Ahhh!! Only in the South can you hear the words “Its Carnival Time” and immediately start humming the tune by Al Johnson. No, we dont mean the County Fair folks……. we are talking about the party of all parties – MARDI GRAS!
A bit of a history lesson on Mardi Gras:
Traditionally, Mardi Gras parades begin about 2 weeks prior to, and “roll” through, Fat Tuesday (French for Mardi Gras). Fat Tuesday is the day before Ash Wednesday. Though there is a “Mardi Gras season”, to the locals, Fat Tuesday and Mardi Gras refer to the same day.
Mardi Gras came to America in 1699 with the French explorer Iberville. Mardi Gras had been celebrated in Paris since the Middle Ages, where it was a major holiday. Iberville sailed into the Gulf of Mexico, from where he launched an expedition up the Mississippi River. On March 3 of 1699, Iberville had set up a camp on the west bank of the river about 60 miles south of where New Orleans is today. This was the day Mardi Gras was being celebrated in France. In honor of this important day, Iberville named the site Point du Mardi Gras.
During the early 1800’s public celebrations of Mardi Gras centered around maskers on foot, in carriages and on horseback. The first documented parade occurred in 1837. Unfortunately, Mardi Gras gained a negative reputation because of violent behavior attributed to maskers during the 1840’s and 50’s. The situation became so bad that the press began calling for an end to the celebration.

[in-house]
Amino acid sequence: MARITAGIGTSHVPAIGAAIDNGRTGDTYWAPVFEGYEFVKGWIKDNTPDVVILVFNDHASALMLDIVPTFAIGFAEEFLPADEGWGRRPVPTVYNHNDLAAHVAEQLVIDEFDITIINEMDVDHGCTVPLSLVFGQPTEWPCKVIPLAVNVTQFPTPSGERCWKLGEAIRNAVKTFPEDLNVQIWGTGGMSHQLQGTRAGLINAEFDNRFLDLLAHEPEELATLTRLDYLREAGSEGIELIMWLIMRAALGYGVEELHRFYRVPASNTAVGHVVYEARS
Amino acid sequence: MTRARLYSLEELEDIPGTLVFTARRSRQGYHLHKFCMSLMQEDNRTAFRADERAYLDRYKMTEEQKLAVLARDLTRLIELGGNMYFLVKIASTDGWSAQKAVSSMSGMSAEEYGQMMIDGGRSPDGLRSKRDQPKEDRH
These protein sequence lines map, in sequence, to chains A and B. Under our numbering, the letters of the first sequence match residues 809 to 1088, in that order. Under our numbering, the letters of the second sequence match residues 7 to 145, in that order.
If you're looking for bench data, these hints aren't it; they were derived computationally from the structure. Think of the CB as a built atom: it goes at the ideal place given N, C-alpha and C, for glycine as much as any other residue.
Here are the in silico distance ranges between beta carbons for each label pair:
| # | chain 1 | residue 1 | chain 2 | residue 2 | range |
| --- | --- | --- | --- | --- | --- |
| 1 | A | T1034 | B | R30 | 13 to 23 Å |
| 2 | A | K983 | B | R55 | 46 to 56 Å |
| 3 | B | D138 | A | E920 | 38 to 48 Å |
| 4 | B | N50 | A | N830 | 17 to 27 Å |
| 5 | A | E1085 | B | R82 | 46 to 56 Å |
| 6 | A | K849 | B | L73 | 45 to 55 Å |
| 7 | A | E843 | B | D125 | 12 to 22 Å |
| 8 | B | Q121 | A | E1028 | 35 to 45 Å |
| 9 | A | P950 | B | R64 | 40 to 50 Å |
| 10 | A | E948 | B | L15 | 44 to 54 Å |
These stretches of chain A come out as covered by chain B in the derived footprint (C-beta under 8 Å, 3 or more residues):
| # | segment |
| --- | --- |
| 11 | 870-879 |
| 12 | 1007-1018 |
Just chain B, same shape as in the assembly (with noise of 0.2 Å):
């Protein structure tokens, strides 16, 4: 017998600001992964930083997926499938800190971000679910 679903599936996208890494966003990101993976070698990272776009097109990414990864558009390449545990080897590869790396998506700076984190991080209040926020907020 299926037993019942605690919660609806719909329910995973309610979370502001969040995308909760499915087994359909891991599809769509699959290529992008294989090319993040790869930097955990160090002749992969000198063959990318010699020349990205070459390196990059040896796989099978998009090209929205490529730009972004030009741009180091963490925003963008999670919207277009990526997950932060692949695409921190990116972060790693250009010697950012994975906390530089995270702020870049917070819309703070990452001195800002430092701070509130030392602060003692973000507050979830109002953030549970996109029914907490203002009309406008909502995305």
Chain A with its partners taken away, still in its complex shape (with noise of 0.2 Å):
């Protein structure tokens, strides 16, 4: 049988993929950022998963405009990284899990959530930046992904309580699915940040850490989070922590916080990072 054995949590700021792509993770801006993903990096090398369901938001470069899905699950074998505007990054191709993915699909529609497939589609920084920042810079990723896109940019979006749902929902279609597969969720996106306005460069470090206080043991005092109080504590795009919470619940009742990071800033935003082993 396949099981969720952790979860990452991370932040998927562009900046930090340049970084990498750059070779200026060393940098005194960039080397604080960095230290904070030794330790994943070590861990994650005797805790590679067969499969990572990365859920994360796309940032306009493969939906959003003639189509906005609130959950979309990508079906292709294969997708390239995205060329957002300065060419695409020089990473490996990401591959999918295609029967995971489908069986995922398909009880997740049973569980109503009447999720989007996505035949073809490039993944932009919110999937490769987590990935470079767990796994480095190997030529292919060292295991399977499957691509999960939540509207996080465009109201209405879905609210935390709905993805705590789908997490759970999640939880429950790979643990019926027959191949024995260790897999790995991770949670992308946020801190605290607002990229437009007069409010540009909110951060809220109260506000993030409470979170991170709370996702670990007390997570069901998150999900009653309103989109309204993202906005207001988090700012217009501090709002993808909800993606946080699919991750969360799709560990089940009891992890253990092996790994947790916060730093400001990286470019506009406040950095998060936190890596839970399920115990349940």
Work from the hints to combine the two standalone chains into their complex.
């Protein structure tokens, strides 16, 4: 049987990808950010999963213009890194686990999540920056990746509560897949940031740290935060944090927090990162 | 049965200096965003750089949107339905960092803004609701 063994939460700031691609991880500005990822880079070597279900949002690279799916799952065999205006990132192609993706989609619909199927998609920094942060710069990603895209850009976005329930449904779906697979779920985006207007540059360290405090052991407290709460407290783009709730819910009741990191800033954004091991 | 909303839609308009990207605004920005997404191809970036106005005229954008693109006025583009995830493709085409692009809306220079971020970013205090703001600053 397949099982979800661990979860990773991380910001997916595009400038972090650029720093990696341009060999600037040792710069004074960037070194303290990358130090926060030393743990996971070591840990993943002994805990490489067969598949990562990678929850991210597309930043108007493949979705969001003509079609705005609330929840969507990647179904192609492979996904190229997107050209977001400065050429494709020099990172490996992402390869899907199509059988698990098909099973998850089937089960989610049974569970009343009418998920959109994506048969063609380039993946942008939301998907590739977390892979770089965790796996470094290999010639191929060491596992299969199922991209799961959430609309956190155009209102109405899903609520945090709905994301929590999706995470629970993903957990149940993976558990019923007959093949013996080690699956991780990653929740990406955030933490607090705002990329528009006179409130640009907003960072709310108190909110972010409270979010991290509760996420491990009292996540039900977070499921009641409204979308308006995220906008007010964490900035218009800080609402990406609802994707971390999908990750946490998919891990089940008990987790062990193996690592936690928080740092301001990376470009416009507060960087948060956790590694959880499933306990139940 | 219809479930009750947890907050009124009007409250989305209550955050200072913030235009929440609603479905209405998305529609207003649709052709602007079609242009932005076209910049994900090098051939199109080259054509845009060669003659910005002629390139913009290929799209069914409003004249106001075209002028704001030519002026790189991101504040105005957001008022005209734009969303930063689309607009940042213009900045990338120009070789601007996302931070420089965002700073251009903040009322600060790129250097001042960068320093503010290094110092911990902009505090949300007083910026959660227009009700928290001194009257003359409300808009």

In 1857 six New Orleaneans saved Mardi Gras by forming the Comus organization. These six men were former members of the Cowbellians, an organization which had put on New Year’s Eve parades in Mobile since 1831. The Comus organization added beauty to Mardi Gras and demonstrated that it could be a safe and festive event. Comus was the first organization to use the term krewe to describe itself. Comus also started the customs of having a secret Carnival society, having a parade with a unifying theme with floats, and of having a ball after the parade. Comus was also the first organization to name itself after a mythological character. The celebration of Mardi Gras was interrupted by the Civil War, but in 1866 Comus returned.
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In 1870 the Twelfth Night Revelers made their appearance. In 1871 they began the custom of presenting a young woman with a golden bean hidden in a cake. This young woman was the first queen of Mardi Gras. This was also the origin of the king cake tradition.
In 1872 Grand Duke Alexis Romanoff of Russia visited New Orleans. This year the krewe of Rex made their debut and began the tradition of the “King of Carnival.” Rex also introduced purple, gold and green as the official colors of Mardi Gras. Rex was the first krewe to hold an organized daytime parade and introduced “If Ever I Cease To Love” as the Mardi Gras anthem. One of the high points of Rex is the arrival of the Rex King on a riverboat. 1872 also saw the debut of the Knights of Momus on New Year’s Eve.
Next Time: Local Mardi Gras Traditions
Have you ever been to Mardi Gras? Its not for the faint of heart let me tell ya! Now, I am not talking about just what you see on Bourbon Street (which is usually the focus of the National News)….. oh no, there is more to Mardi Gras than just Bourbon Street. Mardi Gras traditions are as varied as the types of tomatoes we can plant in our gardens or the breeds of chickens we have roaming around in the backyard!